Some motorists plying Lagos-Ibadan Expressway on Thursday appealed to the Federal Government to increase funding, review traffic architecture and introduce night operation to speed up its reconstruction and reduce gridlock.
The motorists spoke in interviews with the News Agency of Nigeria (NAN) on section one of the project which started from Ojota in Lagos to the Sagamu Interchange in Ogun.
NAN reports that section two of the project begins from the Sagamu Interchange and ends at Ojoo in Ibadan.
It is being handled by Reynolds Construction Company while section one was contracted to Julius Berger Plc.
Mr Babatunde Ekemode, who operates a supermarket in Ibadan, appealed to the government to hasten the reconstruction.
Ekemode, who said that he plied the Lagos-Ibadan Expressway almost every day, told NAN that the reconstruction had been slow.
He appealed to the government to resolve all issues causing the delay.
Mr Omobola Olalere, who lives on the corridor, called for night works on the road to reduce stress on the users.
“It is causing a lot of problems for us, motorists.
“In some places, this type of construction ought to be done probably at night, not during the day,’’ he said.
Mr Mushood Akinade, a commercial bus driver, who plies Lagos-Ibadan Route, praised the Federal Government for the smoothness of the road.
Akinade said that the quality of the reconstruction was high, but urged that the project should be completed fast to save the lives and health of the road users.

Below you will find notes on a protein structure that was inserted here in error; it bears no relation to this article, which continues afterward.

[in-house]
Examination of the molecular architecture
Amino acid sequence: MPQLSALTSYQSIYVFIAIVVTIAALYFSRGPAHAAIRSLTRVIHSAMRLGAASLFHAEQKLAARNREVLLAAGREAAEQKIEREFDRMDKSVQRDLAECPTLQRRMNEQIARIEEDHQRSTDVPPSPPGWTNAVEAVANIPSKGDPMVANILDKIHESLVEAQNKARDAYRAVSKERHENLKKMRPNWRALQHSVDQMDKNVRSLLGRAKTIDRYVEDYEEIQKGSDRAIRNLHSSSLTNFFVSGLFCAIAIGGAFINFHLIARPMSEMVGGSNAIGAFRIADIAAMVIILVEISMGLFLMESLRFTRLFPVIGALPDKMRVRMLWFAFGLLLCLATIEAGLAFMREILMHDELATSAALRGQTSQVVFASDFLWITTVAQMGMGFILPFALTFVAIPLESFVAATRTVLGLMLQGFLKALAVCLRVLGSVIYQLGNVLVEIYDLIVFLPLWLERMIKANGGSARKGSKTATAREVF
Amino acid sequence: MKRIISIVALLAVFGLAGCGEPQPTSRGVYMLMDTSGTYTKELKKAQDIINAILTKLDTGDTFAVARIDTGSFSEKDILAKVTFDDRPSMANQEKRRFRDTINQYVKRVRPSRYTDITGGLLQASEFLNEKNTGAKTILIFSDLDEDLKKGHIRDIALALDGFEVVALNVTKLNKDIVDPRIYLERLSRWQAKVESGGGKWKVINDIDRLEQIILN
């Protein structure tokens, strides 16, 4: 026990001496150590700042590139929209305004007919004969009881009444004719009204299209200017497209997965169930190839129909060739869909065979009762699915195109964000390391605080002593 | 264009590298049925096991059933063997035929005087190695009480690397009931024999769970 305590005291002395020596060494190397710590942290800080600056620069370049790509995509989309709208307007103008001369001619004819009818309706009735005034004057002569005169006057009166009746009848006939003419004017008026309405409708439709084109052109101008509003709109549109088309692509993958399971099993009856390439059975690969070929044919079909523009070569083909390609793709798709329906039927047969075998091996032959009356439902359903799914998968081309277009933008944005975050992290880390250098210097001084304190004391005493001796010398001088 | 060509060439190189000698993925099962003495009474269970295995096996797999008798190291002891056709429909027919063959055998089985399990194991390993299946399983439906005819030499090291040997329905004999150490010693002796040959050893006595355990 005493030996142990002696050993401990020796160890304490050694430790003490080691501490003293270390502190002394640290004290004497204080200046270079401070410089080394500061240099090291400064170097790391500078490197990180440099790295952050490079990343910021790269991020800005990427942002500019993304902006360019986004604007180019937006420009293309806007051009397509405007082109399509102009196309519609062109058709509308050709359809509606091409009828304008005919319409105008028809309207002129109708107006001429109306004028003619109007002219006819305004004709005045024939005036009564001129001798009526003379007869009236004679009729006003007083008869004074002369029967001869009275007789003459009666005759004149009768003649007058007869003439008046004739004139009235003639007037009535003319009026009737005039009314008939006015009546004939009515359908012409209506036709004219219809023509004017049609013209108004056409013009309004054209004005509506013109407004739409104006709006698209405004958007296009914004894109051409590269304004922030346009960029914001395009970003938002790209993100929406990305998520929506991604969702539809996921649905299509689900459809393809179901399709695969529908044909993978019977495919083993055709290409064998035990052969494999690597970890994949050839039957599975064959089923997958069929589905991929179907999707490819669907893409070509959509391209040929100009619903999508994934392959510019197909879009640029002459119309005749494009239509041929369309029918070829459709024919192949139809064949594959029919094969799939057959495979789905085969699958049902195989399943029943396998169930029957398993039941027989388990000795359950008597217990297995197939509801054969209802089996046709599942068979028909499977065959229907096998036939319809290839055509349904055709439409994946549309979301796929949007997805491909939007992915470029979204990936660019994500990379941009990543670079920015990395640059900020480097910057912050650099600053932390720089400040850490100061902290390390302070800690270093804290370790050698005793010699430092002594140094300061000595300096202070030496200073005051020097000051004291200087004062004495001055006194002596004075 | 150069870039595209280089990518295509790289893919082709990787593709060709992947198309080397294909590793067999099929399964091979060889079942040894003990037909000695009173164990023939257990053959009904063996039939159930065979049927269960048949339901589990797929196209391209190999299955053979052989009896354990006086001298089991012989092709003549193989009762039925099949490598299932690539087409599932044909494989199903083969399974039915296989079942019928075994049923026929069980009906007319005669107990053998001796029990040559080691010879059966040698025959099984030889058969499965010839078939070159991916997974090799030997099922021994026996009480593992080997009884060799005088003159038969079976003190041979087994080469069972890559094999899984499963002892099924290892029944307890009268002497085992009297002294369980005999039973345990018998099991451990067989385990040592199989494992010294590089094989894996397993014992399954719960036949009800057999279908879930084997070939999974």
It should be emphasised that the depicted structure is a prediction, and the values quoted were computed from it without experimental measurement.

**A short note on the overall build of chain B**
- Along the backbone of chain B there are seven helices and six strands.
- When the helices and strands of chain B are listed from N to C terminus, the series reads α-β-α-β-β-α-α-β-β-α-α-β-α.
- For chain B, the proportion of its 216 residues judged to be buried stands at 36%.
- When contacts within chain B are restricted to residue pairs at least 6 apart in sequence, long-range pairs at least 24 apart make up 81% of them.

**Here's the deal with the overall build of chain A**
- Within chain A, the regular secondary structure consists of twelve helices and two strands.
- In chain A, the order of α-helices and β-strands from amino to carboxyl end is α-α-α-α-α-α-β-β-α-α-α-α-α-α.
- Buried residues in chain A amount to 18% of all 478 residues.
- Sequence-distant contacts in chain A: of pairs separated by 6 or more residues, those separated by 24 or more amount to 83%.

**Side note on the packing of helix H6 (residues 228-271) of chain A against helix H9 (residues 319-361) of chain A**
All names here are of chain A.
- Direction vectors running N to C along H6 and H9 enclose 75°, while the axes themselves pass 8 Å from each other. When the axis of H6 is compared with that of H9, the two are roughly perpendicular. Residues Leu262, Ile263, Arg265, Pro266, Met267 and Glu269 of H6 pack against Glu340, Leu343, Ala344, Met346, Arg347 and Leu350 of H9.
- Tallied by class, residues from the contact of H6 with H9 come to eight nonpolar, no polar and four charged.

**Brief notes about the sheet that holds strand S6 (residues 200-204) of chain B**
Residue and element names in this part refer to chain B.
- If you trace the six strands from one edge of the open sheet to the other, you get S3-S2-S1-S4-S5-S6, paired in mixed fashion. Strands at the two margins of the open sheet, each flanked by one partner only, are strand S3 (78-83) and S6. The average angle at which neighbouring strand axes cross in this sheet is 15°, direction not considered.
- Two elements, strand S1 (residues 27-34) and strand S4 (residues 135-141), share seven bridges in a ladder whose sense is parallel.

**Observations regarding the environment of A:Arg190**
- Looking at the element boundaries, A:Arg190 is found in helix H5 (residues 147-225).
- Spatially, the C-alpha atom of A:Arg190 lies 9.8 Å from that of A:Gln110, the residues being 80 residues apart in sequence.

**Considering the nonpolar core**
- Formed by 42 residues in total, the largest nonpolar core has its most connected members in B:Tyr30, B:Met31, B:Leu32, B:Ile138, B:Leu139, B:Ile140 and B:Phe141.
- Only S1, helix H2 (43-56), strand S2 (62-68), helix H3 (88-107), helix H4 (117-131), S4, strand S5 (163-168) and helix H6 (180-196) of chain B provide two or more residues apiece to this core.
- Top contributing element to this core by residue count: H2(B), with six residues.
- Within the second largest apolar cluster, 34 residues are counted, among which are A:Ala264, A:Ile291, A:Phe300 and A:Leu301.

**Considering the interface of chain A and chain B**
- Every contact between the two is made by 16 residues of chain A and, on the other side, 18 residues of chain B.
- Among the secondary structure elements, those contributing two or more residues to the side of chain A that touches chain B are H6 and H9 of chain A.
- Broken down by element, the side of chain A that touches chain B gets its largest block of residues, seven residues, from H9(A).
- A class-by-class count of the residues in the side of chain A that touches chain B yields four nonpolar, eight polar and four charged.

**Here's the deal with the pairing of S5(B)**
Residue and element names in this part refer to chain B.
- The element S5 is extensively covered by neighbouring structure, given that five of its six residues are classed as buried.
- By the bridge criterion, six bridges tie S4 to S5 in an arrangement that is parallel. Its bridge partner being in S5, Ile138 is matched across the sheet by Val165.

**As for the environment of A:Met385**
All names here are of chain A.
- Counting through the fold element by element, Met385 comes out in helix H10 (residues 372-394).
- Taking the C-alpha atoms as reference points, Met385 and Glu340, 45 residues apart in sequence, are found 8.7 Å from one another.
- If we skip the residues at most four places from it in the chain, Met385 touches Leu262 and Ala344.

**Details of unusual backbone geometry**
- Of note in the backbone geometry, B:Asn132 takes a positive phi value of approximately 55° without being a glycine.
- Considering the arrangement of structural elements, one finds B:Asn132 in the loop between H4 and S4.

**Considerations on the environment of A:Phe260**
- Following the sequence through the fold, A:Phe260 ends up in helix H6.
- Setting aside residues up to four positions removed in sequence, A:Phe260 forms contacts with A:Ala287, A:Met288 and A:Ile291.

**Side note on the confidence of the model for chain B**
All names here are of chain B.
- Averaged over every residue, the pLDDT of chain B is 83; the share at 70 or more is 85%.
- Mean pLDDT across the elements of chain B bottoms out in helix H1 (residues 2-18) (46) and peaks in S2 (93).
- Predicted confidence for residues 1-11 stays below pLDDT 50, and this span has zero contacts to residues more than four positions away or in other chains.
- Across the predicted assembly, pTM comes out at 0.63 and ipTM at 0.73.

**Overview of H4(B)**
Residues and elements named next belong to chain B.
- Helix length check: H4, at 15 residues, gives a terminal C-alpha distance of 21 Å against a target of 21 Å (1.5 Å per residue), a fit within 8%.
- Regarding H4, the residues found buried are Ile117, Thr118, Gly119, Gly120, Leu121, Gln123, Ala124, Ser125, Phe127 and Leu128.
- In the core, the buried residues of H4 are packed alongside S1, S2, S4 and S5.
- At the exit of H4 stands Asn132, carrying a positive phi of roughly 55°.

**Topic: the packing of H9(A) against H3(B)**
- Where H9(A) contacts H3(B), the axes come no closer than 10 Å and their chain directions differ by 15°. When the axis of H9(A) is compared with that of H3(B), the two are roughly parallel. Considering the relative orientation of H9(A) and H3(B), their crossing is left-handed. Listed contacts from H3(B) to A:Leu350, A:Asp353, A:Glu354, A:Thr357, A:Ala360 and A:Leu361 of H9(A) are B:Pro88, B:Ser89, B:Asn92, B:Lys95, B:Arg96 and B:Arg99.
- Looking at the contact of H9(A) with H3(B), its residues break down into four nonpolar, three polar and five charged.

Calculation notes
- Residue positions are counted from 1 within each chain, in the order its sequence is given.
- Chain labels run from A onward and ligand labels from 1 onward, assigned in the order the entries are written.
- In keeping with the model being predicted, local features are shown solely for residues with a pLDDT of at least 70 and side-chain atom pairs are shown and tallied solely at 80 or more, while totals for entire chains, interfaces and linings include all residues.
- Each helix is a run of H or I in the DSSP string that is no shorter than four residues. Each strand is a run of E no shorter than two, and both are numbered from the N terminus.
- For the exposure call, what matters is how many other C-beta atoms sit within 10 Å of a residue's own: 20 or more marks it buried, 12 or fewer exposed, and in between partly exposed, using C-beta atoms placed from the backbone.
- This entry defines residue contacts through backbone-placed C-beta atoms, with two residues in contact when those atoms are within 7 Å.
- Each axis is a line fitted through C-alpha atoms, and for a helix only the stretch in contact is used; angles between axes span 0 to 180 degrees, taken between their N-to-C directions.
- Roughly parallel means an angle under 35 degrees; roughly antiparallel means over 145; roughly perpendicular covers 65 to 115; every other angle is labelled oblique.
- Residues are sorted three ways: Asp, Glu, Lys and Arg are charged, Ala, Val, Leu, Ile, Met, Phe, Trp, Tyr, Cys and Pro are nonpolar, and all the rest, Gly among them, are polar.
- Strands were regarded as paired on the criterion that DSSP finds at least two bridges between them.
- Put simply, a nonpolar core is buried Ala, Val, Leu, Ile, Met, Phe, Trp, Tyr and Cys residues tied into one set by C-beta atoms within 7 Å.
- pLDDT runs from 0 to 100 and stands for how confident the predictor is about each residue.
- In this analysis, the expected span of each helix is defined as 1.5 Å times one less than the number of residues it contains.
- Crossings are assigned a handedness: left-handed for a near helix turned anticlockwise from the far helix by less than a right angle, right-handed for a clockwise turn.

Mr Anthony Ogunaiki, another transporter who lives at Mowe in Ogun, said that he had experienced traumatising incidents on the road, and appealed for speedy completion of the project as well as a better traffic management plan.
Mr Onyebuchi Samson, also a resident of Mowe, said that the space provided for vehicles around reconstruction zones were too narrow and should be expanded.
“At Kara, the demarcation around the construction zone is too narrow, and when there is an accident or breakdown, it will be difficult for any another vehicle to pass,’’ he told NAN.
A town planner at Magboro, also in Ogun, who identified himself simply as Deji, appealed to the government to adequately fund the project to enhance completion.
“To me, the work is slow; let government release money. Julius Berger has stayed too long on this project. People are suffering.
“Repairs of the expansion joints on Kara Bridge took several months and they did not fix all of them,’’ he said.
Mrs Chinwe Uzo, a female bus driver who plies the Ojodu Berger-Ikeja Route, also appealed to the Federal Government to hasten completion of the road project.
Responding, Mr Clement Adejala, a Federal Ministry of Works engineer supervising section one of the project, appealed for understanding of the road users.
He said that some lanes had to be narrowed for construction works, adding that the Kara Bridge section was a difficult waterlogged area.
He said that the area had some underground soil issues which were being tackled.
He said that solutions to the soil issues required total removal of surface layers to ensure fresh solid foundation works.
Adejala said that Julius Berger was working simultaneously on various sections to speed up completion of the project.
He added that Julius Berger was planning to create additional construction areas so as to meet the first quarter completion target given by the Minister of Works and Housing, Mr Babatunde Fashola.
A NAN correspondent who took a trip to section one of the project, reports that workmen were seen around Otedola Bridge on the Lagos-bound carriageway and at Kara Bridge on the Ibadan-bound carriageway.
They were also working from Old Toll Gate to Alausa on the Ibadan-bound carriageway.